That $50 becomes a carrying cost — the price you pay to keep the investment instead of liquidating it. And after 40 months of rent, your carrying costs have eaten up all the value of those cards, except for the yearly percentage increases. Wait another year or so, and the rent will eat up every bit of  value, and it will actually cost you money to hold onto those “valuable” cards. But if the cards have sentimental value as the first collection you ever owned, the money lost or made on them may not be the one and only consideration.

It’s like that with homes as well. People have strong feelings about where they live, as they should. But letting those feelings cloud your financial judgment could be dangerous if you’re betting the home will turn into a gold mine. Any homeowner knows the carrying costs can be enormous, even under the best of circumstances: property taxes, mortgage payments, utilities, homeowner’s insurance, property maintenance and routine repairs are just a few categories, offset only by the mortgage interest deduction in most cases. I did a rough calculation of my baseline carrying costs, and it comes to roughly $15,000 a year — before I factor in mortgage payments of $2,200 a month.

And if you have a major repair issue with plumbing, a new roof or a kitchen remodel, prepare to pay for it big. Yes, it’s true that some projects increase the home’s value, often by much more than what you pay. But what if you’re not selling right away? Will that $50,000 kitchen remodel still make a buyer drool 10 or 15 years down the line? Or will it seem dated? And what if you financed it? Does a $50,000 remodel wind up costing you, say, $80,000?

Now, let’s look at the renting scenario. Even if your utilities aren’t covered and you pay renter’s insurance, all major repairs, upgrades and routine maintenance will be covered by the landlord. There are no property taxes. And that leaves you a lot of money to invest in other areas to create wealth.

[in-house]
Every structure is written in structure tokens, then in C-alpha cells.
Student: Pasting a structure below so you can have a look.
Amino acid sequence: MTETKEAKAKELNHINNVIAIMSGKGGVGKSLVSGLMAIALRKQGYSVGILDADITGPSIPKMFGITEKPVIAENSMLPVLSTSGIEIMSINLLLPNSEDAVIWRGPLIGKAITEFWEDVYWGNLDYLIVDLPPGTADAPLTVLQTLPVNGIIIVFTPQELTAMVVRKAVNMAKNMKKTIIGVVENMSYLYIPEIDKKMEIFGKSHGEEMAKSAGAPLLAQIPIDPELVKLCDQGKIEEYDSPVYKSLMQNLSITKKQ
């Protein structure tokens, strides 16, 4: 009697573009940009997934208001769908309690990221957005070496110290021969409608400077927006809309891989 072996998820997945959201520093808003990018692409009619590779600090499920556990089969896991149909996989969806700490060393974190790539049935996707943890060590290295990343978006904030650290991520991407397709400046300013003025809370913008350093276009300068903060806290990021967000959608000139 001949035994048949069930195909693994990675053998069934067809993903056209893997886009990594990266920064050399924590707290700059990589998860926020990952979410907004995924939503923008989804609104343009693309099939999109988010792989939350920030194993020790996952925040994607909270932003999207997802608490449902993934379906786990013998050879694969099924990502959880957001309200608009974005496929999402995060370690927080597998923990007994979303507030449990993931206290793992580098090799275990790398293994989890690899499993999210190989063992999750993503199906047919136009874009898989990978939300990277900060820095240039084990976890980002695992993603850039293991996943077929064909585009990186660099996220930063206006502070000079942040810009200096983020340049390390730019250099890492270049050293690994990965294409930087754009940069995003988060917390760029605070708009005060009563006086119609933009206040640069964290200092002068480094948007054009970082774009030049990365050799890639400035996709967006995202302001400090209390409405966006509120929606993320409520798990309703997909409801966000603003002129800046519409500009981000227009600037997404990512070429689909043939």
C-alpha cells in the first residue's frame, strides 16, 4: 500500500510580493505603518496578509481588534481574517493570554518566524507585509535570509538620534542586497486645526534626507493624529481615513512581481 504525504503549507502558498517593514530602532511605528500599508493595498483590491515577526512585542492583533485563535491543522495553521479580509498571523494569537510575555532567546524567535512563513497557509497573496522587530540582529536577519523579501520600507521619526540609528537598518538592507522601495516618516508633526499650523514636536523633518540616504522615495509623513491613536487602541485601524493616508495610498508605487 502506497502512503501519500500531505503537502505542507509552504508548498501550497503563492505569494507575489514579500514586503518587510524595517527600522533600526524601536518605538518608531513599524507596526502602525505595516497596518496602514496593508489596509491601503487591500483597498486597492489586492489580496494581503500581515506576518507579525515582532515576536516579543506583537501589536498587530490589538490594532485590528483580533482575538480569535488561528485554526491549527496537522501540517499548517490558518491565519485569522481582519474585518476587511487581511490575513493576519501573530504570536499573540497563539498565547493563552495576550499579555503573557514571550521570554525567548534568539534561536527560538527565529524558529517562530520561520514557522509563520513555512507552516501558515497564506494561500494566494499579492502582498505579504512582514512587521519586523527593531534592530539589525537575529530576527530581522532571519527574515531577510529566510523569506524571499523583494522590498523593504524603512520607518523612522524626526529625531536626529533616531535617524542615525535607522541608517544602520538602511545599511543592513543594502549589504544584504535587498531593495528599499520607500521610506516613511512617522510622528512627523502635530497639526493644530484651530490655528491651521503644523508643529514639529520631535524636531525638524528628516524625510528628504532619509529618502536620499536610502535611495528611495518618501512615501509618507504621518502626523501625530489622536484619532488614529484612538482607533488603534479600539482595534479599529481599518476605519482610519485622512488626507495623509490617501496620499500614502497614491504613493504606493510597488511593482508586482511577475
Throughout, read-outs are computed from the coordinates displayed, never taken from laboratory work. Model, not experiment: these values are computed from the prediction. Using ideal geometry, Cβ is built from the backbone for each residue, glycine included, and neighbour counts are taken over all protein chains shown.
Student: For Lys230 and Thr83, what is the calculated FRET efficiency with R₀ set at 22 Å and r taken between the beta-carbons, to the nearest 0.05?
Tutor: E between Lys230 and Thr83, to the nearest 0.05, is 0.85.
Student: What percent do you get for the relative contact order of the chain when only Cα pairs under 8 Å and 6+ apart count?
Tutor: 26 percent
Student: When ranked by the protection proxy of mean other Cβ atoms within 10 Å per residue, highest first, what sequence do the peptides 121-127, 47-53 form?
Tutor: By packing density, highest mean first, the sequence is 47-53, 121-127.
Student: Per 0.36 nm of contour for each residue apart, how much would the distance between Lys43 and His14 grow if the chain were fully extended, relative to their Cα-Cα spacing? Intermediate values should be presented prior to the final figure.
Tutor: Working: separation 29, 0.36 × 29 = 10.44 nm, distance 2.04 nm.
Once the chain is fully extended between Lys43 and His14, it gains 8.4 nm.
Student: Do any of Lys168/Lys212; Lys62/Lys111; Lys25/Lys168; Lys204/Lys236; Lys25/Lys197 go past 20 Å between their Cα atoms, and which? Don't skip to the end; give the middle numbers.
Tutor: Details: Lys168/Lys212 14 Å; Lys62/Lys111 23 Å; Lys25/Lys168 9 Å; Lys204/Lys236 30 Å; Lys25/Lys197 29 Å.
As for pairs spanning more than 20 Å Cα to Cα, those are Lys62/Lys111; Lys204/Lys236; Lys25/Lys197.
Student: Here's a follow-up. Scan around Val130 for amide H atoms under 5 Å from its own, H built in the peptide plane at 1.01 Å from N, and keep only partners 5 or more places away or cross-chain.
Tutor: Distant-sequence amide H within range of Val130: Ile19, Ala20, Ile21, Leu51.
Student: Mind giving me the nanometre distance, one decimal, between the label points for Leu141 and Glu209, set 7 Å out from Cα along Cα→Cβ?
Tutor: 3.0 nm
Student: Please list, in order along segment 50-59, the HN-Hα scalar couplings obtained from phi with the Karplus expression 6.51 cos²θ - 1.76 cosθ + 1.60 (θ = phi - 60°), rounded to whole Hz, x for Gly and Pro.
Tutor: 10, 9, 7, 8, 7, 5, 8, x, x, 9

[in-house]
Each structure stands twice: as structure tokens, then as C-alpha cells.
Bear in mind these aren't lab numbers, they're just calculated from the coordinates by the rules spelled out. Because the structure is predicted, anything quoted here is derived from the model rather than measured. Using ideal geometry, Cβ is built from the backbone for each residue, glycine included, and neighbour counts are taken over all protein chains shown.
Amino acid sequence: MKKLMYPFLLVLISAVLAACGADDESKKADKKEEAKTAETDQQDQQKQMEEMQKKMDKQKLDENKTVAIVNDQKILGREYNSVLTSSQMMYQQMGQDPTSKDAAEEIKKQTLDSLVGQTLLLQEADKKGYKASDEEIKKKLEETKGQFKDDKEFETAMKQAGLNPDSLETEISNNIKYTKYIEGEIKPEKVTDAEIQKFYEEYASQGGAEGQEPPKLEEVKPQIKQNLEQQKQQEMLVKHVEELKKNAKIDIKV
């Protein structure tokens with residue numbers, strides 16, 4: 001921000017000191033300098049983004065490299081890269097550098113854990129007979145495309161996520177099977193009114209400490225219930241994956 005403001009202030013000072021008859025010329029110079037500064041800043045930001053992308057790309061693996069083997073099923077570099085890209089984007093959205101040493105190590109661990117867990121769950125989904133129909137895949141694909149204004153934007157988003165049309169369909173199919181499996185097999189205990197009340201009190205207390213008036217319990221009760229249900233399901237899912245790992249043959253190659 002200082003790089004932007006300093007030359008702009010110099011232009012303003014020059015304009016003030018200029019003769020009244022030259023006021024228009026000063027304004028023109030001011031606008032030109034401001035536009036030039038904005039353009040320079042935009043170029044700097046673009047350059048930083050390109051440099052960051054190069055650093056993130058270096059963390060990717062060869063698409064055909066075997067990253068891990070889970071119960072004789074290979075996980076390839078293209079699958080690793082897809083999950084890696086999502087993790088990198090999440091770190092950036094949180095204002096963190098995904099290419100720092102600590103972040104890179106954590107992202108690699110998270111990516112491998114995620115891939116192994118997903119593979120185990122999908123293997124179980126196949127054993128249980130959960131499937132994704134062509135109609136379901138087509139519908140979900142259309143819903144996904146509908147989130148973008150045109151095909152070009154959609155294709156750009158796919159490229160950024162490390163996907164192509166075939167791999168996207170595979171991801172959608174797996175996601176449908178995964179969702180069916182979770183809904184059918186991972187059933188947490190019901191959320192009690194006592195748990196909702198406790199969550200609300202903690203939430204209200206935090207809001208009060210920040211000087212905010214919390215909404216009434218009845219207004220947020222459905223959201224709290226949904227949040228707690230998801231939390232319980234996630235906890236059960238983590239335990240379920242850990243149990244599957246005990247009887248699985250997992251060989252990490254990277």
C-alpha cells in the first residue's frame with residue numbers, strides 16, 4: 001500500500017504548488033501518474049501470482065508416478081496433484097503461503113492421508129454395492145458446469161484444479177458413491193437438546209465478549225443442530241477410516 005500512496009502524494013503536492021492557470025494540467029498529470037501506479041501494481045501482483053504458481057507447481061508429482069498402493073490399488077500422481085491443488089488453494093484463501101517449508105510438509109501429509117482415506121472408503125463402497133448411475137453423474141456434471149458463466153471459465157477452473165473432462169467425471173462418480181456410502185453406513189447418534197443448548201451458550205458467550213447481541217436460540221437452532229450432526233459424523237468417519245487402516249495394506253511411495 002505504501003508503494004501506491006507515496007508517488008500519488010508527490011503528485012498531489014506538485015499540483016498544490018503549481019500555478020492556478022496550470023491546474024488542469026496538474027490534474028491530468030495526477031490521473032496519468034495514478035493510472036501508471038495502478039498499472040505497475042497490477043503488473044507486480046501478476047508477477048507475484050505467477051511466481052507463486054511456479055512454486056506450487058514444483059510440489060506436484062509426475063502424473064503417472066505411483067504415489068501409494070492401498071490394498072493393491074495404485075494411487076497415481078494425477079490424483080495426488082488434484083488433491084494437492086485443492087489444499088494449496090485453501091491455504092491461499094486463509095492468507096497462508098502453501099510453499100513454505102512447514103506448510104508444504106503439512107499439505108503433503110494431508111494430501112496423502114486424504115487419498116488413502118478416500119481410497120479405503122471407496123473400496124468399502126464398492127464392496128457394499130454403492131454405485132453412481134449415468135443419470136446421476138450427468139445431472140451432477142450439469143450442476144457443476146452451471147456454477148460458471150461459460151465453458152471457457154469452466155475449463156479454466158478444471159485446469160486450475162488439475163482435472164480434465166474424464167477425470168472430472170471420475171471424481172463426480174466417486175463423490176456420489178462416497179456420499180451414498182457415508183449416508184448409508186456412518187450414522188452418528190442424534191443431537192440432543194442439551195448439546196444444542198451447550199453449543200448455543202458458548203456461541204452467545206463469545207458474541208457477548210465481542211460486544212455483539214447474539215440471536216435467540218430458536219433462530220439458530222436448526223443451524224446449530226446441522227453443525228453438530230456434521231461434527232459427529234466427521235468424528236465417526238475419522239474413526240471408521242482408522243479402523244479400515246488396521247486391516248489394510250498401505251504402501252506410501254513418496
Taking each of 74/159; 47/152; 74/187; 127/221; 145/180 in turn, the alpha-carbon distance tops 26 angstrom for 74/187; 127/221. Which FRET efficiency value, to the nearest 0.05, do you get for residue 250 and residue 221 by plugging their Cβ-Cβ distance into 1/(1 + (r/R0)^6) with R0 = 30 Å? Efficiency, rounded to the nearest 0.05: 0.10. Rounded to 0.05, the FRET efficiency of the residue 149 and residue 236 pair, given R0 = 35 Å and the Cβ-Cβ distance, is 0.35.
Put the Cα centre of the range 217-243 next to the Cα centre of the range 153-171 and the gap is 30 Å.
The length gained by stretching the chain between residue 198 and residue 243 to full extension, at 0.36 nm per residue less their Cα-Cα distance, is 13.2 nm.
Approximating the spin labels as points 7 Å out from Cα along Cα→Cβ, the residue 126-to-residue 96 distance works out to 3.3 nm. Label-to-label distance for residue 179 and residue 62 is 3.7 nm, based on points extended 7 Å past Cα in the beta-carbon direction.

Greg McBride, a senior analyst at, agrees with one distinction Arzaga makes. “Home ownership is not so much a creator of wealth as a store of wealth,” he says. “The promise of home ownership is that over the long haul, it can rebate many or perhaps all of your costs, unlike rent, which doesn’t rebate a dime.”

So if you hold onto a home for 20 or 30 years and keep it up, chances are it will rise in value and you’ll see a good amount of money when you sell. But you also paid out a lot of money (in taxes, for example) that you’ll never get back. Now factor in all the major expenses. What’s the bottom line?

McBride himself crunched the numbers in a pre-bubble era (2004) for a home purchased at $200,000 by a buyer in the 27 percent marginal tax bracket. Factoring in a 30-year mortgage, $1,200 in annual home insurance, closing costs of $5,500 and maintenance costs of $100 a month, along with property taxes, he calculated that it would take a selling price, 10 years later, of $395, 404 just to break even. His conclusion? “Homeownership may not be the moneymaker you think it is.”